Sunday, May 2, 2010

Review: The Bad Lieutenant: Port of Call New Orleans

The Bad Lieutenant: Port of Call Orleans
Dir. Werner Herzog
Year: 2009
Aus Rating: MA15+
Running Time: 122mins

Bad Lieutenant: Port of Call New Orleans is a movie isn’t close to being as fun, funny or insane as it thinks it is. Considering the original Bad Lieutenant by Abel Ferrara was released 18 years ago, it’s hard to see how Werner Herzog’s version is as shocking as it thinks it is either. Harvey Keitel’s lieutenant was doing drugs, masturbating in front of young women and abusing suspects around the same time Nicolas Cage was giving his patented crazy style of acting in much better movies such as David Lynch’s Wild at Heart. So what then, dear reader, was the point of this movie?

It’s hard to say. None of the actors are able to emerge out of the shadow that Herzog creates for Cage. Eva Mendes has nothing to do but stand around and look sultry, which is a hard thing to do given Peter Zeitlinger’s cinematography is so dank and confining – while the likes of Val Kilmer and Faizura Balk just stand around with nothing to do. Jennifer Coolidge is perhaps the only actor who’s able to shine since she has the innate ability to be even more deranged than Cage and Herzog put together. The brief moments where Herzog really goes off his medication, mostly moments involving alligators and iguanas, are amusing in a broad sort of way, but feel more like token oddities rather than anything truly organic.

The actual plot of The Bad Lieutenant: Port of Call New Orleans revolves around the trailer park shooting of a family of Senegalese refugees in the months after Hurricane Katrina. Herzog can be commended for his representation of New Orleans, he doesn’t sugarcoat this town’s misfortunes and there isn’t a pretty sight in the entire movie. As a murder mystery, however, it doesn’t even rise above the level of intrigue supplied by season 15 of Law & Order. Nor does it excite from a filmmaking point of view. None of the twists or developments feel exciting from a storytelling point of view, nor are they shown in any compelling form. Things happen and that’s about it.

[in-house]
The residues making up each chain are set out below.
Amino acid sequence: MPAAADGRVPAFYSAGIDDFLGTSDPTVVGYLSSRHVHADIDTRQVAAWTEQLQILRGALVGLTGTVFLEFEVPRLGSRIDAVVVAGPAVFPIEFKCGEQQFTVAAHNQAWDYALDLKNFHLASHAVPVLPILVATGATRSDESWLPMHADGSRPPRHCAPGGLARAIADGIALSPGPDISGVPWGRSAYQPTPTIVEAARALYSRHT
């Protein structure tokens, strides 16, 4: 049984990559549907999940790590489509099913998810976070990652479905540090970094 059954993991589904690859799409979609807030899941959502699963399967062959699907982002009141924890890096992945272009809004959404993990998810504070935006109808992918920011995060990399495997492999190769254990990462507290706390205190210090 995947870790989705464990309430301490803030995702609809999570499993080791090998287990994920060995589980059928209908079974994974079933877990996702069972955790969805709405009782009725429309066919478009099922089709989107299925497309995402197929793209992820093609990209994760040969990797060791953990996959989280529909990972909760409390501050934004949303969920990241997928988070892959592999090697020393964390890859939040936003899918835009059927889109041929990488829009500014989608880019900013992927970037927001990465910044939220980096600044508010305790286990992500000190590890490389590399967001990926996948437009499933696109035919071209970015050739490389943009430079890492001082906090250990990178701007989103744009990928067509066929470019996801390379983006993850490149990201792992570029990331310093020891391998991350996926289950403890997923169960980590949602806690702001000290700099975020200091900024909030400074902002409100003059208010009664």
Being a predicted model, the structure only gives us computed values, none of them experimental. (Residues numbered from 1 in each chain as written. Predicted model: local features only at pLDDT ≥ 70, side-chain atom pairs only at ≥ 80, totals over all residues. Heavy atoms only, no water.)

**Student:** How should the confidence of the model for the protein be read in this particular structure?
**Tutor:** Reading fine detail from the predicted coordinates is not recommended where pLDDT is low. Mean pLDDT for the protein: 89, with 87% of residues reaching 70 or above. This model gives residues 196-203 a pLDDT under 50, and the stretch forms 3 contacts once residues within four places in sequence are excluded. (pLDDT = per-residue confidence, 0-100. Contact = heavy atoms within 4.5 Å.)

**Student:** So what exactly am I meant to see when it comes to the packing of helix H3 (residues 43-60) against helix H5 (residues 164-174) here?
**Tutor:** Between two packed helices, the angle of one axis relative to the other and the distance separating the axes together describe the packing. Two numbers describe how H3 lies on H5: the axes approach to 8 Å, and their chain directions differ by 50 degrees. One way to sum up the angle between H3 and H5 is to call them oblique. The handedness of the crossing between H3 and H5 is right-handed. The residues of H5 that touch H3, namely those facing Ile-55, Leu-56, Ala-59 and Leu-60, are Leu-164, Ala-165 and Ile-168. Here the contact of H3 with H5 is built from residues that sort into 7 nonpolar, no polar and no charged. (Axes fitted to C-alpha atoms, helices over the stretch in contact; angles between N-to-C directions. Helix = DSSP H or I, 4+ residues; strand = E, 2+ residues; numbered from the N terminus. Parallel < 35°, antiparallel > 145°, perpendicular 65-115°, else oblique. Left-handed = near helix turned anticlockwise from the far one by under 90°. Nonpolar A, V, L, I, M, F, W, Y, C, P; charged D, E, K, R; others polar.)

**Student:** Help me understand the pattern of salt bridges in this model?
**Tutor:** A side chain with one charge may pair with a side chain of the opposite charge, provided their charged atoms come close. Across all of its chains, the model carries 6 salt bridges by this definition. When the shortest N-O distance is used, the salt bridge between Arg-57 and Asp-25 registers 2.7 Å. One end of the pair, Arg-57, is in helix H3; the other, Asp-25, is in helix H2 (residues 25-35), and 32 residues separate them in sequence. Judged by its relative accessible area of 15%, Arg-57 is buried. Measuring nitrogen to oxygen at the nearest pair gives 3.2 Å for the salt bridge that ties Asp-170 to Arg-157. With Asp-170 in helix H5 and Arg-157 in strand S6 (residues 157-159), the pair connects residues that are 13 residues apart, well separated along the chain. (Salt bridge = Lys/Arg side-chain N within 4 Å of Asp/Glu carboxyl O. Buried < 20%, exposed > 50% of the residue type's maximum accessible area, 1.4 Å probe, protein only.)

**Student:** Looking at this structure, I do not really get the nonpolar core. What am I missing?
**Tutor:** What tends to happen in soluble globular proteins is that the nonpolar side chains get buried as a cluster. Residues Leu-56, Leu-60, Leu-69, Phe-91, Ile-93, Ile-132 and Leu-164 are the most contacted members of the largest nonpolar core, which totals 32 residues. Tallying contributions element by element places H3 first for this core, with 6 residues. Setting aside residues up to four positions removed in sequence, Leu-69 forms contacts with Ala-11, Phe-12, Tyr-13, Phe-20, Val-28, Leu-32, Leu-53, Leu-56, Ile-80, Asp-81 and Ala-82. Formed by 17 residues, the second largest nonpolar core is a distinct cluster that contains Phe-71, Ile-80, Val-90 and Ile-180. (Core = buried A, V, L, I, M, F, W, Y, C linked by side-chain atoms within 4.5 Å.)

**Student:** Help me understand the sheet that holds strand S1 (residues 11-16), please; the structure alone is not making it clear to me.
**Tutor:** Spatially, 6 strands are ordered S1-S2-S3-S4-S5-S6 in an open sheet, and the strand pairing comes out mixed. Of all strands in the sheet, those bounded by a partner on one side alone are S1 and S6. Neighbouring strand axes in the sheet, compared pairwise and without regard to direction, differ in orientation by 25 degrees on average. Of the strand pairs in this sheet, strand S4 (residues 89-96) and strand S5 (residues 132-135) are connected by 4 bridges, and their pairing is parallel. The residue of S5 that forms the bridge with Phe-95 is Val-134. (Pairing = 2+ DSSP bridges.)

Which brings me back to the lead character of Lieutenant Terence McDonagh as played by Cage. His foul behaviour is supposed to be the hook of this film, but it instead feels forced and even juvenile. I’m sure it was shocking to see Harvey Keitel strut around naked while snorting bags of cocaine whilst solving the crime of a nun being raped in the 1992 original, but in 2010 watching Nicolas Cage dive off the deep end is about as revolutionary as, well, Harvey Keitel nuding up.

And what of Nicolas Cage? A man whose tics and twitches have seemingly taken over his career and his mumbly vocals inserted itself into every performance. There isn’t anything about this performance here that we haven’t seen. Am I meant to find it better simply because he’s being directed by a man just as bonkers as he? Cage’s style perfectly fit the aforementioned Wild at Heart 20 years ago and at least that picture was stylistically on the same wavelength. And then there’s the issue of Cage’s accent, which strangely changes midway through the movie into some weird combination of Jimmy Stewart and Dustin Hoffman in Rain Man.

Ferrara’s original wasn’t even that good in the first place and even though there is no connection other than the bare strings of plot that they share, Herzog’s movie feels dated and warn out. As a movie made solely to frame Herzog and Cage’s duel wackiness around a story of ever-increasing moments of “shocking” depravity it lacks anything that can truly be described as shocking in this day and age as it plods along at a snail’s pace. Both of these men have done incredible work before, similar to that on display here, but The Bad Lieutenant: Port of Call New Orleans is a perfect example of two people being so perfect for one another that they end up cancelling each other out. Two pretty people equalling an ugly baby if you’d like a metaphor. It could be humourous if it wasn’t so ugly and putrid, both to look at and from an entertainment level. All that’s left in the end that’s truly new is a scene involving iguanas and that just isn’t enough. D

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